How do Rosetta Stone programs work?
Enjoy high motivation through loads of auditory, visual, chronological and numeric feedback...
Just as a young child must guess what the people around her are saying and constantly check her hypotheses against what people do when they say different words, so is your "immersion" into a foreign language with this program.
Here's how Rosetta Stone® works:
When I first began to use the program, four photos showed on my screen and a voice spoke—the voice of a native speaker of the language I wanted to learn. It was my job to figure out which photo the speaker was referring to and to click on it.
Just as a young child must guess what the people around her are saying and constantly check her hypotheses against what people do when they say different words, so it is with Rosetta Stone.
You make hypotheses and click on pictures to find out if you've guessed correctly. If you're right, a cheerful sound encourages you, and your score goes up. If you guess incorrectly, you'll hear an unhappy sound... and (for now) move on.
As you progress you hear, for example, in French: "The vieille house." By this point you know the words for the and house. You have no idea what vieille means. You see pictures of two different houses and two cars. You have a 50-50 chance of hitting the right house.
After three or four sets of pictures which show you a vieille this or that, the computer says "The vieille woman," and there are only two pictures of women, one of two young women and another of an older woman. Obviously, the only picture of a woman—and, therefore, the only picture of a vieille woman (whatever vieille means)—has got to be the picture of the older woman. And suddenly you have a brainstorm. You think back and realize that all the sets of pictures with vieille things have included some things that are old, and some that are new. "Does vieille mean 'old'?" You check your hypothesis. After one or two more rounds, you know: yes, vieille means "old."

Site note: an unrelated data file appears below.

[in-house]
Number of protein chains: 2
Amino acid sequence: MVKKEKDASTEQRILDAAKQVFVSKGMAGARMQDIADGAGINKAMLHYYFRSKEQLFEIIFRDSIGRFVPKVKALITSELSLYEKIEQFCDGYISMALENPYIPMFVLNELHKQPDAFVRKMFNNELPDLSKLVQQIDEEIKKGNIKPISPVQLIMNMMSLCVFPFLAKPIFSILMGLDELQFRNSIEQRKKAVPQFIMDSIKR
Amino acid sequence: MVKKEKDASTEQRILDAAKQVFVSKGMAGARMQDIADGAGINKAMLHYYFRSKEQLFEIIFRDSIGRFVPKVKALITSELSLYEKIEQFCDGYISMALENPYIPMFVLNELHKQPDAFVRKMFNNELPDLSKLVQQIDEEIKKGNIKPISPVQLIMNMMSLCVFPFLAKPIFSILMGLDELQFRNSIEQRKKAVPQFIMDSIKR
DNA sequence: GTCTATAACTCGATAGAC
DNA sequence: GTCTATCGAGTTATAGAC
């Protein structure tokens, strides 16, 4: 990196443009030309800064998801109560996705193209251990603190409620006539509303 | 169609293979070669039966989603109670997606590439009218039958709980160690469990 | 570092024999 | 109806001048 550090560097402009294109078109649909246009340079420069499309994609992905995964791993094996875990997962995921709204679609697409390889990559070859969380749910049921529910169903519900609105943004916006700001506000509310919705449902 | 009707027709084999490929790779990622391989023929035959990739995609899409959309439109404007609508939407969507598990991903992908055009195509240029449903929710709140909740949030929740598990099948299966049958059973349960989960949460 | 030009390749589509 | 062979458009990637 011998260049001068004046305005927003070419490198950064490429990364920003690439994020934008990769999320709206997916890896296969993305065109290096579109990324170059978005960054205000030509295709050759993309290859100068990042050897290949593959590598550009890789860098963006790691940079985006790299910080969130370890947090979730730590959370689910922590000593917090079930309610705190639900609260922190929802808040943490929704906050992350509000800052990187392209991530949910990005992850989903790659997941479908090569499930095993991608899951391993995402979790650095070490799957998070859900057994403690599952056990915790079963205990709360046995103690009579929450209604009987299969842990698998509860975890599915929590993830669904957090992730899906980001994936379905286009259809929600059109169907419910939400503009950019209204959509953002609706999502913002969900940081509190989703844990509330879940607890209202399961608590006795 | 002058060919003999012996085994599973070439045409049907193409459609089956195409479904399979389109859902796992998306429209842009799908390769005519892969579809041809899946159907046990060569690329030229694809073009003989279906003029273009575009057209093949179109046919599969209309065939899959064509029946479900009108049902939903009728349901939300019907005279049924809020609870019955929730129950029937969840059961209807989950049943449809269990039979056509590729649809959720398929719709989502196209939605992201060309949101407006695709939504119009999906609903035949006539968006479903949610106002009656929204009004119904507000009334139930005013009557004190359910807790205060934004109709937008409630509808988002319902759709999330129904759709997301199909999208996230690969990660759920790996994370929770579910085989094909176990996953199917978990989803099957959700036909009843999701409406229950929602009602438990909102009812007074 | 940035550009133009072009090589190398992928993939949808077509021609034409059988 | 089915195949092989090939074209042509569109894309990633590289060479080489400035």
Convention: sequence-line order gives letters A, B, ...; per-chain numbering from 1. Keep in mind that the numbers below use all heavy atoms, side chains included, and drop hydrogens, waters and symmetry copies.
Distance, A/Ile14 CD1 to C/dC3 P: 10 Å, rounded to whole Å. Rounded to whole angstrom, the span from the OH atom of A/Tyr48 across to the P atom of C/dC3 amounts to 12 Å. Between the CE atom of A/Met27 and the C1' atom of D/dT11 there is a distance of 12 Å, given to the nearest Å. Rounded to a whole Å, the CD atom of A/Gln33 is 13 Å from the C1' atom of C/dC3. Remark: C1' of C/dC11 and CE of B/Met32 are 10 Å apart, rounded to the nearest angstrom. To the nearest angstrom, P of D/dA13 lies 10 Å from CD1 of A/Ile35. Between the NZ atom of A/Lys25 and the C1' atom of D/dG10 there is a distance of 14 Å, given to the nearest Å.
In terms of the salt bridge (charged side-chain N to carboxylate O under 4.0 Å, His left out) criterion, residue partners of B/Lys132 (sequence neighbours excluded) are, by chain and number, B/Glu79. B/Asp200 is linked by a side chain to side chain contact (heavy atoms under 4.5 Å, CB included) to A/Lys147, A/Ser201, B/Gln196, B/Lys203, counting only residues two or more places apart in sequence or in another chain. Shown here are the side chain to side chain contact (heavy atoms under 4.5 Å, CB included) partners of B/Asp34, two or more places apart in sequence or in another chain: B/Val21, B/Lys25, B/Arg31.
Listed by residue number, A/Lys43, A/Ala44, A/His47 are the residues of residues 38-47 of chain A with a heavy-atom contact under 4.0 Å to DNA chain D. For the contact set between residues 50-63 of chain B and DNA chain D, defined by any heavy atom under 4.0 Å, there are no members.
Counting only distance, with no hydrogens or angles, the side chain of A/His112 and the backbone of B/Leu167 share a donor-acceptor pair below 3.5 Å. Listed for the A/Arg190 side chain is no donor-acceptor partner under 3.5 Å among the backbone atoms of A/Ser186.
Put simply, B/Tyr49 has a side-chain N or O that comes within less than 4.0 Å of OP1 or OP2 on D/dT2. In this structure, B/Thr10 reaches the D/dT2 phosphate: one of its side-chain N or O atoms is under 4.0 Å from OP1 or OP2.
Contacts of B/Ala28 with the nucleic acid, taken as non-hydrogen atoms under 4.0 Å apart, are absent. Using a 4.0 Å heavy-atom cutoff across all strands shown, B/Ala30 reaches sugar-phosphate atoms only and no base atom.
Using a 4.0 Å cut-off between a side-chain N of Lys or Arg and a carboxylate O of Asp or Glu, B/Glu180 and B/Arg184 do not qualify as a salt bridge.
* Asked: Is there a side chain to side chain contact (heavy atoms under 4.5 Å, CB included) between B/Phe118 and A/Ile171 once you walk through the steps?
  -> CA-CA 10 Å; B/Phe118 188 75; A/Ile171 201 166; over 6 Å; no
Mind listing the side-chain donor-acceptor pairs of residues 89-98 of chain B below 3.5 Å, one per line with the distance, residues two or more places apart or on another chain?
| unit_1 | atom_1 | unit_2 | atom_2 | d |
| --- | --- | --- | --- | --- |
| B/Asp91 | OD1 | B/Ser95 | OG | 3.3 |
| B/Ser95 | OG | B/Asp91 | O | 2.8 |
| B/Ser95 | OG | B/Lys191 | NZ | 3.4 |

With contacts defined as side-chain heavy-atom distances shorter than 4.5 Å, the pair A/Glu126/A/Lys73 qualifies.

All the while you click on pictures, the computer applauds your correct answers, mildly chides you when you guess incorrectly, tallies your score, and keeps track of the time you're spending. When you get to the end of a 100-point "lesson," you discover you have spent, say, 3 minutes and 37 seconds and gotten a score of 93 right answers and 7 wrong.
Not bad! You're encouraged. "Hey! This is pretty easy!... But could I go faster? Can I be more accurate? Can I go faster—and maintain my accuracy? I'll bet I can!" And so you'll be off to the next lesson.
With all of its auditory, visual, chronological and numeric feedback, Rosetta Stone® is highly motivational, just the ticket to engage under-enthusiastic students.
Learn more about your Rosetta Stone® course